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Grafton chief executive Gavin Slark to depart at the end of 2022


Grafton shares tumble as chief executive Gavin Slark reveals exit plans after transformational tenure

  • Gavin Slark joined the Dublin-based company from BSS Group 11 years ago
  • Among the acquisitions he had overseen while in charge include Leyland SDM
  • In recent years, Slark has helped lead Grafton through the Covid-19 pandemic

Boss: Gavin Slark (pictured) has been chief executive of Grafton for the last 11 years

Boss: Gavin Slark (pictured) has been chief executive of Grafton for the last 11 years

Building materials supplier Grafton Group has announced that its boss will stand down at the end of the year after more than a decade in charge.

Gavin Slark joined the Dublin-based firm as chief executive in 2011 following a five-year spell holding the same position at plumbing and heating products distributor BSS Group, where he oversaw its £557.6million sale to Travis Perkins.

During his tenure at Grafton, he has steered the retailer through a dramatic transformation, making numerous acquisitions in the UK and overseas, such as stair contractor Stairbox and decorating retail brand Leyland SDM.

The company also transferred its primary stock market listing from the Irish capital to London, expanded into the Nordic region and sold off its traditional merchanting arm in Britain to Huws Gray.

In recent years, Slark has helped lead the firm through the Covid-19 pandemic, which initially caused some downturn in trade as a result of store closures across the British Isles before recovering very strongly as lockdown restrictions were loosened.

The Sunderland-born boss said the choice to leave was made ‘with a heavy heart,’ but added he was ‘confident that this is the right time for a new CEO to lead the business as Grafton embarks on its next phase of growth and development.

‘I remain very committed to the leadership of the business over the next six months and to working towards a smooth transition to my successor.’

Last year, Grafton posted its highest ever annual profits of £341.2million thanks to exceptional performances from its Northern Irish distribution business MacBlair, DIY brand Woodie’s and Selco Builders Maintenance.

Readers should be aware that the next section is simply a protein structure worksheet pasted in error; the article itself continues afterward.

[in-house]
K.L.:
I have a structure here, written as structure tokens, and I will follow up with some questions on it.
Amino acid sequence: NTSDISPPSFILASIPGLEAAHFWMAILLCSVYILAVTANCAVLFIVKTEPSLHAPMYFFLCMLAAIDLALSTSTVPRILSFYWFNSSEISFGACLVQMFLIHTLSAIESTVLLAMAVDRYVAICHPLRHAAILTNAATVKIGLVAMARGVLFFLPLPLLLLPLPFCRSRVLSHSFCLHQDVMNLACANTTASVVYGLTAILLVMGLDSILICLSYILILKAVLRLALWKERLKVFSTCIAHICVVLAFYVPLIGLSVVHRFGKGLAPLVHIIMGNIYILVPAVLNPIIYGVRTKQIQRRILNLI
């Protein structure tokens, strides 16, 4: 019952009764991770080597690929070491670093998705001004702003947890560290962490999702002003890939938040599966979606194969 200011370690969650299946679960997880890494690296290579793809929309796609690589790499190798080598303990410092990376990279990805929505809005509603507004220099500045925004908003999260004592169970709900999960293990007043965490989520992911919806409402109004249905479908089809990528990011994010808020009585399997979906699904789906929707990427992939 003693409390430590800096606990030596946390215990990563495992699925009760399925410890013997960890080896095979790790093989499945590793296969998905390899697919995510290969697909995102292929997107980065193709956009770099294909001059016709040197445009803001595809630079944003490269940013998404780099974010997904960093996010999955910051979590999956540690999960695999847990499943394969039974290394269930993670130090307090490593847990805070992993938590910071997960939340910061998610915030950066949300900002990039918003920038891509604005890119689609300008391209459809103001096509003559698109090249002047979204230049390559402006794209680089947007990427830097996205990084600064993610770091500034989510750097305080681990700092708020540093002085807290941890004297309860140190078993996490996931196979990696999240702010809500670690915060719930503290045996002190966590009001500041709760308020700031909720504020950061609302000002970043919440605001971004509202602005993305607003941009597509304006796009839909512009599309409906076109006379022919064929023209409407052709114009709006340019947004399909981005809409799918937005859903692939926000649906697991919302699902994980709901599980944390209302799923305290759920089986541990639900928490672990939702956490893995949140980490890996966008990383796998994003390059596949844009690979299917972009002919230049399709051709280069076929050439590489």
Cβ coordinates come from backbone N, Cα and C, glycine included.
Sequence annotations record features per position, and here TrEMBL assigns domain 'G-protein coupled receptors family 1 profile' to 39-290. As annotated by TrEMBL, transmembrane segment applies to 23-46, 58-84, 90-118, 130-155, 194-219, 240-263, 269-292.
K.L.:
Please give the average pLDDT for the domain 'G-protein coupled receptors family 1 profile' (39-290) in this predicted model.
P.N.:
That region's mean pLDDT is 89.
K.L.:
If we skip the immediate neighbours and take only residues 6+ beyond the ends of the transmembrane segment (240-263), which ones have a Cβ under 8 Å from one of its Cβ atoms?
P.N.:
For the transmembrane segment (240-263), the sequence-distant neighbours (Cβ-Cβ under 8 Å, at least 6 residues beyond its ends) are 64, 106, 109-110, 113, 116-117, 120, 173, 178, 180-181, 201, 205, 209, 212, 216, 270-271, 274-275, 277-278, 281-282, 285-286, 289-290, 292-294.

Alongside this, overall revenue climbed by around a quarter due to prices of building materials in its British Isles distribution segments being driven higher by supply chain disruption.

Subsidiary: Gavin Slark has overseen a dramatic transformation during his tenure at the retailer, making numerous acquisitions, such as decorating retail brand Leyland SDM

Subsidiary: Gavin Slark has overseen a dramatic transformation during his tenure at the retailer, making numerous acquisitions, such as decorating retail brand Leyland SDM

This happened in tandem with low interest rates, strong mortgage demand, and a temporary stamp duty holiday introduced by the UK Government in July 2020 boosting demand for property renovation and new housebuilding.

Trade has continued to be positive since then, with total revenue between 1 January and 17 April up 15 per cent from the equivalent period last year. The retailer has also announced a share buyback programme worth up to £100million. 

Chairman Michael Roney remarked that Slark ‘has made an outstanding contribution to Grafton and provided exceptional leadership over the past eleven years.

‘Under his stewardship, the group has further extended its geographic footprint and has been transformed into a portfolio of higher quality and higher returning businesses with excellent market positions and strong growth prospects.’

Markets reacted negatively to news of his departure, with Grafton Group shares  tumbling 7.7 per cent to 721.6p on Monday, making it the second-biggest faller on the mid-cap FTSE 250 Index today.

AJ Bell investment director Russ Mould said: ‘The sign of a well-respected business leader is when the share price sinks on news of their departure. That’s happened with Grafton after Gavin Slark handed in his notice after 11 years at the top. 

‘He’s helped to sharpen the company’s focus and expand geographically, breathing some life into the business, and that’s why investors are disappointed he is now leaving.’





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